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Physical Therapy to Relieve Overactive Bladder Syndrome
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by Us3eNumb3rZERO

Physical Therapy to Relieve Overactive Bladder Syndrome

People with a healthy urinary bladder can expect to feel the need to urinate after drinking beverages, several times a day, and with only a moderate amount of discomfort at worst. However, overactive bladder syndrome makes these ordinary urges much more frequent and difficult to deal with, to the point that it interferes with daily activities.

People with overactive bladder syndrome may feel an excessive need to urinate at any time of day or night and can develop some degree of urinary incontinence – it is an inconvenient, potentially embarrassing, and even distressing condition, but the good news is that relief is available. JAG Physical Therapy’s pelvic floor therapy program provides people with overactive bladder syndrome with fast, effective, and long-lasting relief from symptoms in a minimally invasive way. Read on to learn more about overactive bladder symptoms and treatment, or book your initial appointment with JAG PT or find your nearest clinic location today.

What Causes Overactive Bladder Syndrome?

Overactive bladder syndrome is a group of symptoms, not a specific disease or condition with a single cause. Therefore, it can result from a vast array of unrelated medical conditions. For example, it can be a side effect of medication, or of alcohol or caffeine, which are both diuretics. There may be a hormonal cause – overactive bladder is a symptom of reduced estrogen levels, meaning it can be seen in those undergoing menopause.

Overactive bladder can also have musculoskeletal causes within the pelvis, such as childbirth, pelvic surgery, physical trauma from an accident, or pelvic muscle tension. The final group of major causes of overactive bladder is neurological, such as Parkinson’s disease, stroke, diabetic neuropathy, and multiple sclerosis.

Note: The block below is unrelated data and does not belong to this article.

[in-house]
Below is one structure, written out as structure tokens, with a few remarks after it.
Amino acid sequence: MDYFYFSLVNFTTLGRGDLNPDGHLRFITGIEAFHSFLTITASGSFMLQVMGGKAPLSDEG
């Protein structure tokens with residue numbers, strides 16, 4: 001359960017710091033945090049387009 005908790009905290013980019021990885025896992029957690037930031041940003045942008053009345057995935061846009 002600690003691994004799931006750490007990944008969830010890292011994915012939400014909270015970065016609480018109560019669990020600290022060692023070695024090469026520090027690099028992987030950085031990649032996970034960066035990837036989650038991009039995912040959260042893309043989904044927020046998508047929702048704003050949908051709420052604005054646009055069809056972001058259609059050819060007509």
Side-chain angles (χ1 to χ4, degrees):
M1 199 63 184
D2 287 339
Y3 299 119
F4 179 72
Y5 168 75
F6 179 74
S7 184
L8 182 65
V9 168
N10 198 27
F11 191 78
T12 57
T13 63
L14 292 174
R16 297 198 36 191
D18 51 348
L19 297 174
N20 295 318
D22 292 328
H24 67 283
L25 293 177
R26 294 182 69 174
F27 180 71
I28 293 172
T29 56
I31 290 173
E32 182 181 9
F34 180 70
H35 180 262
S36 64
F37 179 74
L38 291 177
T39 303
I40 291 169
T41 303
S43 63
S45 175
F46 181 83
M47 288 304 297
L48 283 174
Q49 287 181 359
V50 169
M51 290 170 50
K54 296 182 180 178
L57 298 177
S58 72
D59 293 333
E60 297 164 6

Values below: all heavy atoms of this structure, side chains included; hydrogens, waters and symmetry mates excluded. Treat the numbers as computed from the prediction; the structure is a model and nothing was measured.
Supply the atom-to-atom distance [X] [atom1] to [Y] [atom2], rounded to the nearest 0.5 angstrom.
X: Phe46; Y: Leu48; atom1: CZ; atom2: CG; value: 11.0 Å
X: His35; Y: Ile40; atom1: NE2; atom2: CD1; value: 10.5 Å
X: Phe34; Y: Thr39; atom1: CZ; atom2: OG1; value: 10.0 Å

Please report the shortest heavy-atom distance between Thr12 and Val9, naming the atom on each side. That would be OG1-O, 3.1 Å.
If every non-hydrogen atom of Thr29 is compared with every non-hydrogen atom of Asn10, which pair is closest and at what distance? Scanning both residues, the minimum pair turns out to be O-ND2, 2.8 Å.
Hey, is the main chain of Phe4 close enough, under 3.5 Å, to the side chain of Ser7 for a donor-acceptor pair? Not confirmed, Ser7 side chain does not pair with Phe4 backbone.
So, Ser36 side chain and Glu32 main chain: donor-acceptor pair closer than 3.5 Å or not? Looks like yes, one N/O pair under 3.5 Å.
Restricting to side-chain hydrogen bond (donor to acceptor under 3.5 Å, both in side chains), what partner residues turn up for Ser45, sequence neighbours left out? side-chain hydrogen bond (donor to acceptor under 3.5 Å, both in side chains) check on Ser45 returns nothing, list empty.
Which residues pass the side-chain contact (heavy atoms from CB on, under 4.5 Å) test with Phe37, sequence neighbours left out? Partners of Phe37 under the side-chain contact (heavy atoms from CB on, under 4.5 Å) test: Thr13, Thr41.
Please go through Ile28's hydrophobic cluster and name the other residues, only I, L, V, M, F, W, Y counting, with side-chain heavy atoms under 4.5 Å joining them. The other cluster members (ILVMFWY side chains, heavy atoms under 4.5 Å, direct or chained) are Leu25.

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Overactive Bladder Syndrome Symptoms

The four primary hallmarks of overactive bladder are increases in urgency, frequency in urination, nocturia (the need to urinate at night), and incontinence risk.

There is no objective scale for urinary urgency, but people with overactive bladder syndrome report greater discomfort when holding urine in and a greater degree of anxiety and subjective feeling of “need to go”. Abnormally frequent urination (that is, more than eight times in an average day) is a clear indicator of OAB, and can prove disruptive to daily life as sufferers have to interrupt activities to use the bathroom and may resort to planning their days around restroom access.

Nocturia becomes a problem when it repeatedly interrupts sleep, and people with overactive bladder syndrome often complain of waking up at night and losing out on rest because of the need to urinate. Finally, incontinence associated with OAB tends to be in the form of urge incontinence – involuntarily urinating because the physical sensations, urgency, and discomfort are simply too much to bear. Symptoms like these can take a heavy mental toll as well, with fear of urinary leakage a common worry.

How Pelvic Floor Physical Therapy Can Help Overactive Bladder Syndrome

People with overactive bladder syndrome need answers for this condition to return to their normal lifestyle. Fortunately, physical therapy has been proven to offer relief for many individuals with OAB, and JAG PT is ready to help all overactive bladder patients alleviate their symptoms quickly and over the long term.

At JAG Physical Therapy, our compassionate and exceptionally skilled pelvic therapists are adept at helping people with OAB get control of their bladders back. We train patients in safe, effective, easy pelvic floor exercises that are easy to keep up with and that can have incredible results in reducing sensations of overfullness and urgency, making holding in urine easier, and reducing anxiety about overactive bladder. 

Furthermore, we specialize in techniques such as biofeedback and rehabilitative ultrasound imaging, aiding understanding and conscious control over the bladder, and we’re committed to patient education about practical, everyday means of condition management.

Contact JAG PT today for more information on how our pelvic floor program assists people with overactive bladder syndrome, or schedule an appointment at any time to get started with us.